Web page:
Lord Stirling's Fifes & Drums


Drum Instruction Handbook



Stick Grip

The right hand grips the stick just behind its balance point.  The fulcrum created by the grip is maintained with pressure exerted by the pad of the thumb and the area between the first and second joints from the end of the index finger on opposite sides of the stick.  Only use enough pressure to maintain control of the stick.  The back of the stick touches the meatiest part of the heel of the hand, and all remaining fingers curl under the stick with the pads of the middle, ring, and little fingers touching the underside of the stick.  All right hand fingers and thumb should never lose contact with the stick.

The left hand grip is formed by laying the stick across the cradle formed by the “V” of the area between the thumb and index finger, and the area between the last joint and the end of the ring finger as it is curled under the stick.  The index finger wraps over the stick, the thumb rests on the index finger, and the middle finger remains straight, touching the side of the stick.  The point of contact of the ring finger is just behind the balance point of the stick.  The fulcrum of the grip is at the “V” and is maintained by pressure of the muscles between the base of the thumb and index finger.

Hand Position

While gripping each stick, allow each hand to dangle loosely at the sides of the body.  Slowly raise the hands, bending the arms at the elbows until they are approximately 10° below horizontal in front of the body.  With the backs of each hand facing outward, turn each wrist until the beads of each stick touch.  This is the proper hand position, with the beads of the sticks 2-3” below the height of your bellybutton.  ALWAYS adjust the height of any playing surface to one inch below the stick beads.

Stroke Motion

Right hand stroke motion is created by raising the bead of the stick vertically while flexing the hand at the wrist.  Left hand stroke motion is created by raising the bead of the stick vertically while turning the wrist outward.  The back of the left hand should always be aligned with the back of the left forehand.

Remember to always maintain only enough fulcrum pressure to control the sticks.  The left thumb never leaves contact with the side of the left index finger.  All right hand finger contacts should never leave the stick.

Stroke Heights

There are three stroke heights that we will use.  Stroke height refers to the height of each stick bead in relation to the playing surface.  The basic stroke height for taps is 3”.  The stroke height for accents is 9”.  The stroke height for grace notes is 1”.  All strokes begin at the bead height of the stroke to be played, and end at the bead height of the next type of stroke (see Lesson 3).  Combinations of right and left hand strokes used for playing any musical patterns or rudiments will be comprised entirely with these three stroke heights.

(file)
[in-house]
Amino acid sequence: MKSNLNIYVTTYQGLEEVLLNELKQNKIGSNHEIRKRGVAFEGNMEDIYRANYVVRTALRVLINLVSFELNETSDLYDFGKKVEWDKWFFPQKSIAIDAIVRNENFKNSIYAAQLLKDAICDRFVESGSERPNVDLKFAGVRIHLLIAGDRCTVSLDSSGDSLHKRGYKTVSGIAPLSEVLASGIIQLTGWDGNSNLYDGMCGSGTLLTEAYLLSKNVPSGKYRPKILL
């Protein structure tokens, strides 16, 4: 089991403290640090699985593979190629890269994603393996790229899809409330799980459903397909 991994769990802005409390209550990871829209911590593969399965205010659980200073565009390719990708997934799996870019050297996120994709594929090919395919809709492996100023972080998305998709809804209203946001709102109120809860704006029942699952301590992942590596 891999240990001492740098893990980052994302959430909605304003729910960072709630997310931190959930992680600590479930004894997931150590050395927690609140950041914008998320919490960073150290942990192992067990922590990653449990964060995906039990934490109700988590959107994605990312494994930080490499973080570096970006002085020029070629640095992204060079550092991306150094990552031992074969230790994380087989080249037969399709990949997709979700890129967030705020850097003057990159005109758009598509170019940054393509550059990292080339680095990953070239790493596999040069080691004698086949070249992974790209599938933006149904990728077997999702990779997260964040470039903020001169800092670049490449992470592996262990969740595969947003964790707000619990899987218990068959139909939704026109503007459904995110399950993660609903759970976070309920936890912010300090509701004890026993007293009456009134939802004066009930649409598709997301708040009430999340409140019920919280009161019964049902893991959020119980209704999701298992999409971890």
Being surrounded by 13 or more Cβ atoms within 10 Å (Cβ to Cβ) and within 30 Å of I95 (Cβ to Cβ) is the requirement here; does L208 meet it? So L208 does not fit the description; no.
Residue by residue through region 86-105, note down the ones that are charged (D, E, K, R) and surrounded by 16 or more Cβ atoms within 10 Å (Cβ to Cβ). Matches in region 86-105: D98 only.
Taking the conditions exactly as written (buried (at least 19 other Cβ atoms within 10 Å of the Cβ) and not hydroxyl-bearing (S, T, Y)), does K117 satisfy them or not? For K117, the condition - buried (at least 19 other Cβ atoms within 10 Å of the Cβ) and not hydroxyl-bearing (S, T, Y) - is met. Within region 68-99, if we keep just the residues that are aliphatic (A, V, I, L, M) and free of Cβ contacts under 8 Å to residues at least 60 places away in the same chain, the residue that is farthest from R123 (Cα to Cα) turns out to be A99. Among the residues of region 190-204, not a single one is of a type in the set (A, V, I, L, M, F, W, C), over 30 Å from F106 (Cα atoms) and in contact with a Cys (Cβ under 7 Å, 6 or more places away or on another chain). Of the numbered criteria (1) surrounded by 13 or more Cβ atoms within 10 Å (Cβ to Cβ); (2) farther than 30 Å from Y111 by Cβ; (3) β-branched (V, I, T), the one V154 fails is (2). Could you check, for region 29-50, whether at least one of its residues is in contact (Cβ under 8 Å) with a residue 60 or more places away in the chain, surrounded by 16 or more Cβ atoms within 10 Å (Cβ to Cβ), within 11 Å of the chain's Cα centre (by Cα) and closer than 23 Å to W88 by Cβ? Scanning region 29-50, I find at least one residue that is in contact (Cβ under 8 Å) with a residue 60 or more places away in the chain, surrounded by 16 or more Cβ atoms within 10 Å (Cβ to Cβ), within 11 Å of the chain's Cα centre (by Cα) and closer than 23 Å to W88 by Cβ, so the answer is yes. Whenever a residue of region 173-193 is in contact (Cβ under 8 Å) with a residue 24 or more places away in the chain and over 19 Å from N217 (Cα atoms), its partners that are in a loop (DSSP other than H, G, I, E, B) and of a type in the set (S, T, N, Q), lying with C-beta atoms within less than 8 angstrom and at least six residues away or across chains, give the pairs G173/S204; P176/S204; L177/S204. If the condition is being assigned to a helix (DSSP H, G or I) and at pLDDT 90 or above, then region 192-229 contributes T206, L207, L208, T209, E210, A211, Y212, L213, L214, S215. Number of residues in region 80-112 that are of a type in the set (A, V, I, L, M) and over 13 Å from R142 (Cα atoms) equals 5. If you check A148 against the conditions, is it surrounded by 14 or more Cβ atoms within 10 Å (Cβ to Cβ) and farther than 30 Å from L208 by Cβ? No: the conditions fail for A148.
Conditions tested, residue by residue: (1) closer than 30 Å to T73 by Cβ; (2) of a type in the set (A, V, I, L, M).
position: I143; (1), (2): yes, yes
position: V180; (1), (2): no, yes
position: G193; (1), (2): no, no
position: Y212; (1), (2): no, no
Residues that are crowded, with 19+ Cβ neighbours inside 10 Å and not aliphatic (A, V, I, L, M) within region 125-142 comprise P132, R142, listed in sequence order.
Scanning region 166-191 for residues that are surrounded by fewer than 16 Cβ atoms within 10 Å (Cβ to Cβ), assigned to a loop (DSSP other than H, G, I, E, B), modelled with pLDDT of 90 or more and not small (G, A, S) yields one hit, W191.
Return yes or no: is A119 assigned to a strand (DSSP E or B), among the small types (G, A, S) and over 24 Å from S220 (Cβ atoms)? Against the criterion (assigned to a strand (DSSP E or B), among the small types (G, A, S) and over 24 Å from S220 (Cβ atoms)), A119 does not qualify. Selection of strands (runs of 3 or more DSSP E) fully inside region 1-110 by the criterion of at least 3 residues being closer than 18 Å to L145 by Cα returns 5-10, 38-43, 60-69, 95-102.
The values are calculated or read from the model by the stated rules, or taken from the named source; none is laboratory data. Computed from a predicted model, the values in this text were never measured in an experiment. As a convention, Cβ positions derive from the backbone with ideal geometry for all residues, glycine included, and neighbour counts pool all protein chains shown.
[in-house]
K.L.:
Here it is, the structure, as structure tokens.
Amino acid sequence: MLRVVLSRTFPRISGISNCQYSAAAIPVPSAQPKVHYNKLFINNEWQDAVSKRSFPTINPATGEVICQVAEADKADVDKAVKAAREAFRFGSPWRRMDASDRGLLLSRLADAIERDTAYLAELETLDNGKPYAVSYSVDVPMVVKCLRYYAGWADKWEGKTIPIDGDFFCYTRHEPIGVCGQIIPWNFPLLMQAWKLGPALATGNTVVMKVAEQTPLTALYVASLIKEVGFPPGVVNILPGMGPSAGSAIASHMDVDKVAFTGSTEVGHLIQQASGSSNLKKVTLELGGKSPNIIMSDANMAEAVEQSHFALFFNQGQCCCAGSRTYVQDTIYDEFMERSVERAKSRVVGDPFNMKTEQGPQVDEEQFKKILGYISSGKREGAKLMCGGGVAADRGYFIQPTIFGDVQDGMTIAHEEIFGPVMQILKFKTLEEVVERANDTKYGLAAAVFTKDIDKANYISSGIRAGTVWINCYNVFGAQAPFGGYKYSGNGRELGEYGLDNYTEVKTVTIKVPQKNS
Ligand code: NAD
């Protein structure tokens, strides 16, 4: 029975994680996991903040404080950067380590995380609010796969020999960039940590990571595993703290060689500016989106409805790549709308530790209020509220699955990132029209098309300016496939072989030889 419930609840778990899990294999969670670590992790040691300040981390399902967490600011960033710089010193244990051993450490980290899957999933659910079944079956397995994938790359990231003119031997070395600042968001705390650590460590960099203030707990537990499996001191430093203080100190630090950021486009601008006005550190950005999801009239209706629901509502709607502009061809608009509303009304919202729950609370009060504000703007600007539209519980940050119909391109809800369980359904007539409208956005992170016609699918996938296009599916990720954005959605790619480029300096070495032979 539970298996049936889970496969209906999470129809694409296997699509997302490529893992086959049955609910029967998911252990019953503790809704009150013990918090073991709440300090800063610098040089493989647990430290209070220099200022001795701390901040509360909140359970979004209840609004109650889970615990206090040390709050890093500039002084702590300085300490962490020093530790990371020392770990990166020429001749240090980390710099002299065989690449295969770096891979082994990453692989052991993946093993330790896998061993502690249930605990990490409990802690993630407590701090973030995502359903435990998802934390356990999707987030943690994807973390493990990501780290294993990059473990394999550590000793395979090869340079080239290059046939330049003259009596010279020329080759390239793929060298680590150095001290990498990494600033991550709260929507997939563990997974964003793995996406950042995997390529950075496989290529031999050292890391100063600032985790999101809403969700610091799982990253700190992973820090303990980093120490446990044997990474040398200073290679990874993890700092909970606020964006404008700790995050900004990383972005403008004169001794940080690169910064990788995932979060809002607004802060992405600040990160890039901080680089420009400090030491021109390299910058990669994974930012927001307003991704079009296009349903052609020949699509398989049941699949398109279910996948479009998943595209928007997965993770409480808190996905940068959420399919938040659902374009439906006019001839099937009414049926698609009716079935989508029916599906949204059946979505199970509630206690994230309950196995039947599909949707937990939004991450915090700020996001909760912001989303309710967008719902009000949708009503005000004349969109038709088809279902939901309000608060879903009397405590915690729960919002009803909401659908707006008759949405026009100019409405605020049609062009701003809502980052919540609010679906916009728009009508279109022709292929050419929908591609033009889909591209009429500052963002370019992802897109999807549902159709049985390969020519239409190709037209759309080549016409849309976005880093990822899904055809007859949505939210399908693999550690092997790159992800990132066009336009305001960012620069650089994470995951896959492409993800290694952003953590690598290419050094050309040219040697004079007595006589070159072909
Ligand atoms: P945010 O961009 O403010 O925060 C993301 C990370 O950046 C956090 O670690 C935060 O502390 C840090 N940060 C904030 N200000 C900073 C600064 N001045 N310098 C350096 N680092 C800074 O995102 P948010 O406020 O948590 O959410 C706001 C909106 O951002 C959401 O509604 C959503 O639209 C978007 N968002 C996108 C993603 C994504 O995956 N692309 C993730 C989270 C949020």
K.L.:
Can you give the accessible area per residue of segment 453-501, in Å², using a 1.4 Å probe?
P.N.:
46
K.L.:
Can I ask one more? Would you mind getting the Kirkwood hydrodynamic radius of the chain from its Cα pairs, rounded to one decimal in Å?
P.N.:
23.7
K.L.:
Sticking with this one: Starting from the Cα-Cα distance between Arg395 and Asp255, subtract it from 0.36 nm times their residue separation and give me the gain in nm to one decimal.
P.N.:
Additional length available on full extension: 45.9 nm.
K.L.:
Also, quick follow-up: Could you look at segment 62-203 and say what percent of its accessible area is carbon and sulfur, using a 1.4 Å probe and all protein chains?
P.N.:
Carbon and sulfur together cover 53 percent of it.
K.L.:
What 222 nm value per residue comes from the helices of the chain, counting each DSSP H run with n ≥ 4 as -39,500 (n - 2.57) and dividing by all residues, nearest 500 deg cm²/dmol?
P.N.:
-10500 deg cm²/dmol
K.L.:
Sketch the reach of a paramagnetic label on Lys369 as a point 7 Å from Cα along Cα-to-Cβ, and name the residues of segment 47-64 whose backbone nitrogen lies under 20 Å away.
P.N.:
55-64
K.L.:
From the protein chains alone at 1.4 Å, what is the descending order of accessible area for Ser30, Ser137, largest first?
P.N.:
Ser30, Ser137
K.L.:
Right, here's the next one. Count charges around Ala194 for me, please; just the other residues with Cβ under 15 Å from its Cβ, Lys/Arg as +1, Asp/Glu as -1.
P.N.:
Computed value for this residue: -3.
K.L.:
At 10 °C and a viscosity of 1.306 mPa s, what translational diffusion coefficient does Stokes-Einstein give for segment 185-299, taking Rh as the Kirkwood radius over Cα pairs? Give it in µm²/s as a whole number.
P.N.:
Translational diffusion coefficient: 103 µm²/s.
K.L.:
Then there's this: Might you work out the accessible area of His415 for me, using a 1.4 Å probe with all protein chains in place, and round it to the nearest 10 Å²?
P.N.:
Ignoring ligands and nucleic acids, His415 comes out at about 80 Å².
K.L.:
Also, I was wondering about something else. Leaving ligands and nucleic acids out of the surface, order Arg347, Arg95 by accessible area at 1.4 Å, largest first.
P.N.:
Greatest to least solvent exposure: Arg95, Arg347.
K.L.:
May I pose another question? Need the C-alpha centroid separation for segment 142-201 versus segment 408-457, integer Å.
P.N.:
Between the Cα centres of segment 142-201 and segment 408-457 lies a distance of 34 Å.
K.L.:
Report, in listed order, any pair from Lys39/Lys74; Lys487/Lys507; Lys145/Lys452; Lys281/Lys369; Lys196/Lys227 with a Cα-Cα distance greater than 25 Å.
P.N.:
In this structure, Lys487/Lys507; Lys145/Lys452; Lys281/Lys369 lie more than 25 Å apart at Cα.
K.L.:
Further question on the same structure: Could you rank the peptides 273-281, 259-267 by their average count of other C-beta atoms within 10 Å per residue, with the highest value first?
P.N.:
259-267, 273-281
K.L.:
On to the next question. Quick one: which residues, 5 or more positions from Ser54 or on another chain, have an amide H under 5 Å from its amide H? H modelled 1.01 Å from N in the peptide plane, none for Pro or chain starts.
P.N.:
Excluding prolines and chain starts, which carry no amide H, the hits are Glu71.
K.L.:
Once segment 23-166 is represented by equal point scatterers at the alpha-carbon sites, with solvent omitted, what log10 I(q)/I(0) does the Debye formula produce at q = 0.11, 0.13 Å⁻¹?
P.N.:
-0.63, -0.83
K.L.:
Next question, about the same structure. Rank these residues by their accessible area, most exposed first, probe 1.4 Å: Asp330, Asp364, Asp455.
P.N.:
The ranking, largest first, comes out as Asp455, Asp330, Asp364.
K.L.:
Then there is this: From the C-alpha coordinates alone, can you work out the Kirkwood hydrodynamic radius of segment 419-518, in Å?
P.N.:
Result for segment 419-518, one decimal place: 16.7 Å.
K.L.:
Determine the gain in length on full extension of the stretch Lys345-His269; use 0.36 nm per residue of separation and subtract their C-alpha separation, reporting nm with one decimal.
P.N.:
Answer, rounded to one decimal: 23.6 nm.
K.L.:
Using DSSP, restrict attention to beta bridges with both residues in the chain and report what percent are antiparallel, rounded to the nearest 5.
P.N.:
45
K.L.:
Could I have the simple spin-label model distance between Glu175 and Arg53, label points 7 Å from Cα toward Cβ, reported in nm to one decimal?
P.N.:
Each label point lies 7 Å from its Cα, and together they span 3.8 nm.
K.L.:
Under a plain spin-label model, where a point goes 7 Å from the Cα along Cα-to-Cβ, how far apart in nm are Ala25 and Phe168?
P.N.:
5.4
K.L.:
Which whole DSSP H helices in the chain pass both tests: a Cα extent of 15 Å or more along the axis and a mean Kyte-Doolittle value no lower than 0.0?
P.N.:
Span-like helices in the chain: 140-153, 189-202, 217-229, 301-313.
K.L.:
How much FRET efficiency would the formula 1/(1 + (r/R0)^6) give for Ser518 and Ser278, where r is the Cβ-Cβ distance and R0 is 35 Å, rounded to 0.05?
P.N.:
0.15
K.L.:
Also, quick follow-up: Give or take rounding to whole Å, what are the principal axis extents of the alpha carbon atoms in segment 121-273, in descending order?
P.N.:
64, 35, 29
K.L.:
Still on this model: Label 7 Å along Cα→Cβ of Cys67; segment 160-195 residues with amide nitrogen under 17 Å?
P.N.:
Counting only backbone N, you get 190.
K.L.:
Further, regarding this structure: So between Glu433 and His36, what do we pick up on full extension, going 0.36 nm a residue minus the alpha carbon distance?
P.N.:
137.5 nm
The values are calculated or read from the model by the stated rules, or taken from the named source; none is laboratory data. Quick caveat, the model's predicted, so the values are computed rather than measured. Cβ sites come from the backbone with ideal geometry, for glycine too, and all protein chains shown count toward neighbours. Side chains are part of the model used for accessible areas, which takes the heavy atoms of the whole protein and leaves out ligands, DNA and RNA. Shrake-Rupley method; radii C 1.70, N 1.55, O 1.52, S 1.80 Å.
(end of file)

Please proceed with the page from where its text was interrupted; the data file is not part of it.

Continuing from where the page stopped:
Lesson 1               Eight-on-a-hand

The first lesson will be to learn an exercise called “eight-on-a-hand”, the title of which describes precisely how it is played.  Each hand will alternately play eight strokes with an even tempo, i.e., R-R-R-R-R-R-R-R-L-L-L-L-L-L-L-L-, and, so on.

Using a portable electric metronome or the online metronome set to 80 beats per minute (bpm), play each stroke in time to each metronome pulse or click.  Play the exercise using only tap height strokes (3” bead heights).  While playing the exercise, concentrate on the following:

Are both arms and both hands relaxed?
Are fulcrum pressures just enough to control the sticks?
Are all fingers of the right hand touching the stick at all times?
Is there equal pressure between the thumb and index finger of the right hand?
Is the back of the left hand always facing outward at rest?
Is the left thumb always in contact with the side of the index finger?
Is the left index finger wrapped over the stick?
Is the right hand bead motion vertical, created by flexing the right wrist upward?
Is the left hand bead motion vertical, created by turning the left wrist outward?

Practice this exercise until the proper grip and stroke techniques are achieved, stroke heights are consistent, and taps are played consistently in-time with the metronome.  When you have mastered your technique at this tempo, incrementally increase the metronome tempo by 8 bpm, and review technique again.  Gradually increase tempo until a maximum tempo of at least 160 bpm is reached before continuing with Lesson II.

Remember:  take your time in mastering these exercises.  The care and accuracy that you use to play these exercises at slow tempos will pay off when you move to faster tempos and more complex stroke patterns.